A BOWL OF APPLE WALDORF FRUIT SALAD OF CHRISTMAS DAY Apples are wonderful at Christmas because they are crunchy, tart, sweet, and all during the year they are available and abundant. They’re re especially great in a Christmas Waldorf salad, and here’s the recipe for a bowl of Christmas color and goodness. Peel and cube, in half-inch chunks, six apples and sprinkle the juice of one lemon on them and stir it in. Add several packs of Splenda or three teaspoons of sugar. Add a small jar of maraschino cherries, a small jar of green maraschino cherries and a cup of seedless white grapes. Stir in a small box of jello instant pudding cheesecake (no sugar variety) and a small carton of Cool Whip sugar-free or regular. Add a few celery seeds (optional).

CHRISTMAS PAST IS BETTER THAN CHRISTMAS PRESENT Anyone, even Scrooge, can give a Christmas present, but only a heart filled with Christmas love can give the gift of NOW which will be an investment in your family’s future generations. On this Christmas day, imprint Christmas love, traditions and memories of this PRESENT Christmas in their formative minds. Surely they will outlast and outlive and store-bought material gift. Just remember: ” off all the gifts, love is the best”!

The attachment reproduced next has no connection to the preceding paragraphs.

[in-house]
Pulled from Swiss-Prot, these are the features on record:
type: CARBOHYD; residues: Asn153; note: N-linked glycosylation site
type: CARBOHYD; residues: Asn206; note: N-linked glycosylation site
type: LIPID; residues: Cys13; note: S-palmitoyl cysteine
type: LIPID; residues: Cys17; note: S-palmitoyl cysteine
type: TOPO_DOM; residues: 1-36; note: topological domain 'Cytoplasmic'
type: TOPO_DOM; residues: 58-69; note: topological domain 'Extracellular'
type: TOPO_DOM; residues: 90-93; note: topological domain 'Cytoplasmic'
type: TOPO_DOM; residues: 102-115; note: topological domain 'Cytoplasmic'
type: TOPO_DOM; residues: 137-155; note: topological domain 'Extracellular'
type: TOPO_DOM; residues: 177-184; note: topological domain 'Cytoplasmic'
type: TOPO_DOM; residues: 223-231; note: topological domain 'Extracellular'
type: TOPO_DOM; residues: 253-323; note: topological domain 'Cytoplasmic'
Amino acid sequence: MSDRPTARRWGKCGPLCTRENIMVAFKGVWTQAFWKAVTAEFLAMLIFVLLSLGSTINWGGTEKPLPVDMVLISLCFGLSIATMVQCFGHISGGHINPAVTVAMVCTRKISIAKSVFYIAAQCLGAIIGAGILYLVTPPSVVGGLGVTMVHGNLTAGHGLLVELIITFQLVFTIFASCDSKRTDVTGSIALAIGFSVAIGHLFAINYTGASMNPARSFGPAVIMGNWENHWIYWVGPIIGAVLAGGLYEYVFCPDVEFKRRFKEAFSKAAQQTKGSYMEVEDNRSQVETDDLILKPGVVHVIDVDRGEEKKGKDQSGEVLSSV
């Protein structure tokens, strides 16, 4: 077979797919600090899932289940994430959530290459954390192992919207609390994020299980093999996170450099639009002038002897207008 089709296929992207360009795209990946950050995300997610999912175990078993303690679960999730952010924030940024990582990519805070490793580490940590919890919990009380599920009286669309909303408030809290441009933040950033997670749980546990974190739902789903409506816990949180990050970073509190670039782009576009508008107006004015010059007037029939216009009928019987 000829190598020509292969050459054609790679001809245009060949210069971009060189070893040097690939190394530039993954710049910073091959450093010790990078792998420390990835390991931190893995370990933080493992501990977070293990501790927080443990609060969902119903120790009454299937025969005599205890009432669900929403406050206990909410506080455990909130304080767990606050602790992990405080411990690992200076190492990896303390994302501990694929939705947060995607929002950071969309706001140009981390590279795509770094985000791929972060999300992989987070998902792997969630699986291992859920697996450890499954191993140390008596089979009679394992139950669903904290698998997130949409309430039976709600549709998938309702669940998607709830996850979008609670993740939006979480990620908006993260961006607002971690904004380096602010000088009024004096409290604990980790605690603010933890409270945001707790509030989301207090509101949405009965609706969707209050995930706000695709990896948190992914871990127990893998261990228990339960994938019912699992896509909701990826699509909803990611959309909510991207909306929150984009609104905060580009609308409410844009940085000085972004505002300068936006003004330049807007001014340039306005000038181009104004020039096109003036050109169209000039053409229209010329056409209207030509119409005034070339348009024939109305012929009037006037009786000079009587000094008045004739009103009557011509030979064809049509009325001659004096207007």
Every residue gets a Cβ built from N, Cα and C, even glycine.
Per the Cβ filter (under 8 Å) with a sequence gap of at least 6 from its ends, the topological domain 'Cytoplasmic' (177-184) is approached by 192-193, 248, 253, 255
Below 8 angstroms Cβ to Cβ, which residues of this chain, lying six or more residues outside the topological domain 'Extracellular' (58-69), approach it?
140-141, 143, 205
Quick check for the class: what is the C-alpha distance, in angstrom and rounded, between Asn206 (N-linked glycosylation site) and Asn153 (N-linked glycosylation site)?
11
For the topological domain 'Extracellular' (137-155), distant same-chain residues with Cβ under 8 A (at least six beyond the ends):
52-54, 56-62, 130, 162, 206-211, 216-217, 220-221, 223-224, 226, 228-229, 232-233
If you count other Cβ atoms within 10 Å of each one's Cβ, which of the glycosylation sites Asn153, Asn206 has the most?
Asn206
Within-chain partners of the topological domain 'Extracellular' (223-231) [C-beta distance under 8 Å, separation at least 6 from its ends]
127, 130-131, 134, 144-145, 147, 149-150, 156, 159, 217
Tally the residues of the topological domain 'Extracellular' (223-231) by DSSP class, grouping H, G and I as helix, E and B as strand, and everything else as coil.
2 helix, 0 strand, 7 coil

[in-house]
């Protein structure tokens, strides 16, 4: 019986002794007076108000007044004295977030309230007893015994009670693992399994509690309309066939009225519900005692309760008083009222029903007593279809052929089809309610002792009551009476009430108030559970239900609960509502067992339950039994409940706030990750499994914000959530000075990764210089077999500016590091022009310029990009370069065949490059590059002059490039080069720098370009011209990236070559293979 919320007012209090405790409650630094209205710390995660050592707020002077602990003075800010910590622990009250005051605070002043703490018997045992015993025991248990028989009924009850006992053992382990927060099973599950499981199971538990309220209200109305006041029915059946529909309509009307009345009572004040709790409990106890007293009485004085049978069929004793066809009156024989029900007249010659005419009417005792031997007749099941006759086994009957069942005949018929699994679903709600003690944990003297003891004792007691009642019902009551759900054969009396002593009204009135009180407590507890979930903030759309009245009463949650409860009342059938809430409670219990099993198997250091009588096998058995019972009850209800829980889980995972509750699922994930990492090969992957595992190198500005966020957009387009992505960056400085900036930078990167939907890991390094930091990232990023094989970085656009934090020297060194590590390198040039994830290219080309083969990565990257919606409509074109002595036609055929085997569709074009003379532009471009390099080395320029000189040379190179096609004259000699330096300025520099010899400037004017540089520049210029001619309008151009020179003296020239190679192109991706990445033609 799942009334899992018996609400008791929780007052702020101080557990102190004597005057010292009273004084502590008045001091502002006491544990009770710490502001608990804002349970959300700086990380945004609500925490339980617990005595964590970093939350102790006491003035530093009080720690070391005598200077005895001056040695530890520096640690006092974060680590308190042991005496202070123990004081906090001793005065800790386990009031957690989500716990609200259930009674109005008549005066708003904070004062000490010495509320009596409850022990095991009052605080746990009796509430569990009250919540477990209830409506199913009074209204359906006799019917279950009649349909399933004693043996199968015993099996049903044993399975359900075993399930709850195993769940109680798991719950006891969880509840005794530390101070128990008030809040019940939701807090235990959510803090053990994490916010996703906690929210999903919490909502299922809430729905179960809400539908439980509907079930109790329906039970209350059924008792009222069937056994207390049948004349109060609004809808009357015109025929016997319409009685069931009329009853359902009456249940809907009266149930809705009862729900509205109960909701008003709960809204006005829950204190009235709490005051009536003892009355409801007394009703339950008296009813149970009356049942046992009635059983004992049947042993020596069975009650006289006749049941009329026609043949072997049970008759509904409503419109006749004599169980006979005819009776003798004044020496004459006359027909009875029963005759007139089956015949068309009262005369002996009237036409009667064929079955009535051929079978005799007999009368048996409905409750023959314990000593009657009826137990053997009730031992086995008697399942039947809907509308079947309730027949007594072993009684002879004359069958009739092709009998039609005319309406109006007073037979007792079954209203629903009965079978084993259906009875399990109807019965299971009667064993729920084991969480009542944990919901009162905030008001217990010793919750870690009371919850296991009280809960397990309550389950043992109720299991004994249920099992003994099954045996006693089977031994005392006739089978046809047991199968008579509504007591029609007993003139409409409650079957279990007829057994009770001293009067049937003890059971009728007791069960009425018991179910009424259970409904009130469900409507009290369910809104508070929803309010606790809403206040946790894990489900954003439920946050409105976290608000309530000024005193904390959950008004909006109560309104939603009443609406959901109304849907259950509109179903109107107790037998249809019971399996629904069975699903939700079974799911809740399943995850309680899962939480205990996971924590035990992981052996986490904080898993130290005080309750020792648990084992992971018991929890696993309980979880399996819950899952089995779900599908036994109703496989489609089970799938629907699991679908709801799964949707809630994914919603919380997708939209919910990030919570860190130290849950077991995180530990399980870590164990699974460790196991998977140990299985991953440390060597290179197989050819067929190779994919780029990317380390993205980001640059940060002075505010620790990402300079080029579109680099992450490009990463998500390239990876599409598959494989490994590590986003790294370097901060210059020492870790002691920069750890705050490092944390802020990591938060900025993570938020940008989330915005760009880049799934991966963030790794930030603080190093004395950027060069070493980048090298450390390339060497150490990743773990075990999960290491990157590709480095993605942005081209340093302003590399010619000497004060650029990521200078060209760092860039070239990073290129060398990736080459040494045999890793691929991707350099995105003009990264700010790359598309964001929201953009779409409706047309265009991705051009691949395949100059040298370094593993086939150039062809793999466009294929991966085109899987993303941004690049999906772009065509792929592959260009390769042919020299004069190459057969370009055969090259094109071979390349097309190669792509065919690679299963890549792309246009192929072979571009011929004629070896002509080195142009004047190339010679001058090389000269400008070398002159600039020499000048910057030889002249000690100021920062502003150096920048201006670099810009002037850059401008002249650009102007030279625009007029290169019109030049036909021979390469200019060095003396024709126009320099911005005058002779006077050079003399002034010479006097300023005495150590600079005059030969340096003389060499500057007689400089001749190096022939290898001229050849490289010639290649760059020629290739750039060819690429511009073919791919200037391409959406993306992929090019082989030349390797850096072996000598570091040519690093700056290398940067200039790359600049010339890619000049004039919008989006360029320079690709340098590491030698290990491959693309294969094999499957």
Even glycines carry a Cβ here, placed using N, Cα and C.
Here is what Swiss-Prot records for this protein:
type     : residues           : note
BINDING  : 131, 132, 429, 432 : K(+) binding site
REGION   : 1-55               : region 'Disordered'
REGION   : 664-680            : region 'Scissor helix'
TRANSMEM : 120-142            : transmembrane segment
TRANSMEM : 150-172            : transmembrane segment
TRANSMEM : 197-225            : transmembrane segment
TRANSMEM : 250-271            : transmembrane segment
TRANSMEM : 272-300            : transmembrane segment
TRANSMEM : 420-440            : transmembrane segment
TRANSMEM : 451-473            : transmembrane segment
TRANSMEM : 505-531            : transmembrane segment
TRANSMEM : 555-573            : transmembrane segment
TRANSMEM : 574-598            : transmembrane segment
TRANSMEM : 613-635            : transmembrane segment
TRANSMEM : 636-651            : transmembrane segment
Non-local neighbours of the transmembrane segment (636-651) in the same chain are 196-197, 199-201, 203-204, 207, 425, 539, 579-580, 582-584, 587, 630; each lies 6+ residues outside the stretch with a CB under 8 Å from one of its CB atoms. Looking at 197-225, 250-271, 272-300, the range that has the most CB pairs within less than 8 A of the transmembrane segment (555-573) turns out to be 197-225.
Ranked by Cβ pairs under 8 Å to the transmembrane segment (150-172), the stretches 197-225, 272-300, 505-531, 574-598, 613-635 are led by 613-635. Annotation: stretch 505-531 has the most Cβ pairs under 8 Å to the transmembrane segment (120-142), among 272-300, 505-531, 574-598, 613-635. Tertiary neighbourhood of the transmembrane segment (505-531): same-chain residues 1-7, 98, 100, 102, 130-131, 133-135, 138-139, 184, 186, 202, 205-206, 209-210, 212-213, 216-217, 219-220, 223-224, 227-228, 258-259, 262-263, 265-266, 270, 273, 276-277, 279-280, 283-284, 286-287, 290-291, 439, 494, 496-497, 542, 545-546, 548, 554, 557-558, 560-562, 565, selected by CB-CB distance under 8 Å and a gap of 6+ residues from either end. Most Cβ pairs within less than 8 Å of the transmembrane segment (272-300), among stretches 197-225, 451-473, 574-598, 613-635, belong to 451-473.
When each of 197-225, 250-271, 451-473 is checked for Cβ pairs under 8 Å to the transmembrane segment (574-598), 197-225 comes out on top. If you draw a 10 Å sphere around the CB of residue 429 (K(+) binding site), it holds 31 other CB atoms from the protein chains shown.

A GIFT THAT WILL GIVE DAILY FOR THE NEXT SIX MONTHS On Monday, December 19, 2015, we started to receive the gift of an extra minute more of daylight each evening as the season of winter began. An extra bonus at this present time is the extra minute of sunset on the western horizon that produces a purple- red glow as evening stars and constellations appear on Christmas night. God’s Christmas card sets upright in the western horizon, just after sunset. It is called the Norther Cross, and it is part of constellation Cygnus the Swan. Its sets fast during these first days of the winter solstice. This formation of stars forms a cross in the upright position hanging on the western horizon reminding us of why we celebrate Christmas.

A CLATTER ON THE FRONT LAWN No, It’s not Santa-he came last night! Could it be a robin? Yes it could! They are known to appear in the winter and many believe they don’t fly south, but lay low in hallow logs and under tree stumps or maybe in an old barn or shed where they can keep warm. If you see a robin on the ground, don’t be surprised, unless the ground is frozen, they can find Christmas dinner!After all, birds are nature’s decorations and ornaments.